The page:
If you take minor parties into your consideration, the picture suddenly becomes much larger, and the gap between the major parties will be seen for what it is - a selection between slightly different shades of grey.
And candidates can often reflect this hue deficiency. Because they tend to come from the same kinds of backgrounds, and have the same sorts of worldview, and they're also keen to avoid taking risks, candidates tend to be as bland as possible. They will always stick to the script, they will always repeat the major talking points that come to them from on high, which detail their party's 'plan' for the next few years of government, which usually revolves around a selection of phrases that appear to have been drawn out of a hat, usually involving some variation of 'jobs', 'safe', 'leadership', 'secure', 'growth', and, of course, '[your location here]'.
The best candidate for major party politics is one free of risk. Unfortunately, that also tends to lead them to be devoid of public thought, which is a shame, as it means that candidates are either a) prevented from speaking their mind and talking about their vision for the country, potentially even throwing some maverick ideas into the mix or b) are legitimately incapable of original thinking, and have been selected as an empty suit - neither of which are palatable to a population crying out for leadership.
In the end, it doesn't even matter?
This, then, is how we are left with an apathetic public - as any Australian will tell you right now.
Australians are going to the polls in their latest federal election today, and whatever the result, it will be the removal of a great burden from the shoulders of the electorate. It is hard to imagine a campaign more dismal, drab and uninspiring than what has been presented to the Australian public over the past six weeks.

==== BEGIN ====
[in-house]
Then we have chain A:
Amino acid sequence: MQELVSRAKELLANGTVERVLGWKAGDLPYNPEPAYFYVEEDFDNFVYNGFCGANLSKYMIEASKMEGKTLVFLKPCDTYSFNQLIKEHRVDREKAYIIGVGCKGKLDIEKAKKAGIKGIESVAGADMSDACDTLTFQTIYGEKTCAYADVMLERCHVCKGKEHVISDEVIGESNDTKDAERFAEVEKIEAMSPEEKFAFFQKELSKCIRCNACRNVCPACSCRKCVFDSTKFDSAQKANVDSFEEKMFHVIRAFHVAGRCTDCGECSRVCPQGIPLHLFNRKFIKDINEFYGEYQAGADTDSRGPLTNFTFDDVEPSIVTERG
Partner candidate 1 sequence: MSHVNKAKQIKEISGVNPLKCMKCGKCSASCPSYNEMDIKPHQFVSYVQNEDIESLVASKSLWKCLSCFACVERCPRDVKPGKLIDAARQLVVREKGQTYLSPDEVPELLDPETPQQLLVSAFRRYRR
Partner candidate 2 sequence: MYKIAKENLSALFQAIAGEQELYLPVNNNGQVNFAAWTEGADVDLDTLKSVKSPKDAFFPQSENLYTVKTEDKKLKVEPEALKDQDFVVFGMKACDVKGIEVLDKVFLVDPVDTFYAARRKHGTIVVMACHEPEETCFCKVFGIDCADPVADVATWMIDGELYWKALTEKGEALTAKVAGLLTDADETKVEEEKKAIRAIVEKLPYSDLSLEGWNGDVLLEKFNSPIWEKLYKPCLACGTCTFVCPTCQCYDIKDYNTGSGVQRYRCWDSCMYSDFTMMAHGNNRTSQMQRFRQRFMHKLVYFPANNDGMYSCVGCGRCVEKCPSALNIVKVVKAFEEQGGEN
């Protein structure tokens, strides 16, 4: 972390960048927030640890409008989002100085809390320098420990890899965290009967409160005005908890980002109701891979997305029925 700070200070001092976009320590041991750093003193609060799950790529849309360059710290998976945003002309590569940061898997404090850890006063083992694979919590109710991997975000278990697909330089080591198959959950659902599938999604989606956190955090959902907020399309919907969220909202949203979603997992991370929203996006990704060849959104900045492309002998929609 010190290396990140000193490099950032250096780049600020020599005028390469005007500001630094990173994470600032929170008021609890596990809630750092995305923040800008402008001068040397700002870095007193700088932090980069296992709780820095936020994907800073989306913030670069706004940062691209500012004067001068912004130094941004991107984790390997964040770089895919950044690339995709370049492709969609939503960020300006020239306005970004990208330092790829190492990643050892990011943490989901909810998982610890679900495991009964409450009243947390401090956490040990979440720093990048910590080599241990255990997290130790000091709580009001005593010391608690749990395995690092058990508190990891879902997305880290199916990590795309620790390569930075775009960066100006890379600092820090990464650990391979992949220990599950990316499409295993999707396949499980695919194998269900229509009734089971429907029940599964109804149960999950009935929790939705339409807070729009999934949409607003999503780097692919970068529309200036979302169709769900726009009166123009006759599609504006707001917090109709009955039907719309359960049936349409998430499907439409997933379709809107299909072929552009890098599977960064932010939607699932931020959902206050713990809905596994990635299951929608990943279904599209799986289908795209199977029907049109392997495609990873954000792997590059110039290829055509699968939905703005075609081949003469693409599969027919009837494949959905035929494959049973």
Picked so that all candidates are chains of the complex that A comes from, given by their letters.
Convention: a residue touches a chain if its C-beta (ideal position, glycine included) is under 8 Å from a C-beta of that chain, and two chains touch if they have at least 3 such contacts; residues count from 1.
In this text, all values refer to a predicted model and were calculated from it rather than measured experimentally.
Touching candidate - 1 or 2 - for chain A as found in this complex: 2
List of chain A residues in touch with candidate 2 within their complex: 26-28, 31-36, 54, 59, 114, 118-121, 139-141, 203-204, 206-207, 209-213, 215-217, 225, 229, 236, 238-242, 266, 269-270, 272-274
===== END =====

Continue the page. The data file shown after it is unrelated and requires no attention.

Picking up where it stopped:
Of course, Australians shouldn't be ungrateful to live in the country they're in, which can easily make a case to be the best country in the world to be in. But that doesn't mean they should be happy with what they've been offered by their major parties, which are suffering majorly from everything we've mentioned above.
A deserving result would be that of a hung parliament, but it will ultimately depend on how the minor party votes pans out. It is certain that minor parties will gain a lot of ground with voters at this election, but the questions will be 'how much?' and 'where are they coming from and going to?'
Labor appears to have made little-to-no ground in its primary vote from the last election, but the governing Coalition has definitely lost a significant number of voters to conservative leaning major parties on one hand, and liberal inner-city independents on the other, and those votes will not all come back to them on preferences. The more votes they lose, the less they get back, even if it's an 70/30 split towards them. It is virtually impossible to see the Coalition gaining a majority, which means a hung parliament would be a good day for them. A small Labor majority seems a real possibility, if there are not enough minor parties or independents winning lower house seats.
However, the major parties may even be wary of winning, as they will probably have to deal with an unsympathetic and even hostile Senate. It is entirely possible that every state could end up with two out of their six elected senators coming from minor parties. In fact, it would be rather a disappointment if they didn't achieve a result like that.
Regardless of the result, though, this situation cannot continue forever. Politics that make the public completely and utterly apathetic to who rules can only ever lead to a disaster in the long-term, and that doesn't just go for Australia. The entire western world seems increasingly unconvinced by this whole democracy thing - and woe betide us if our leaders start thinking the same way.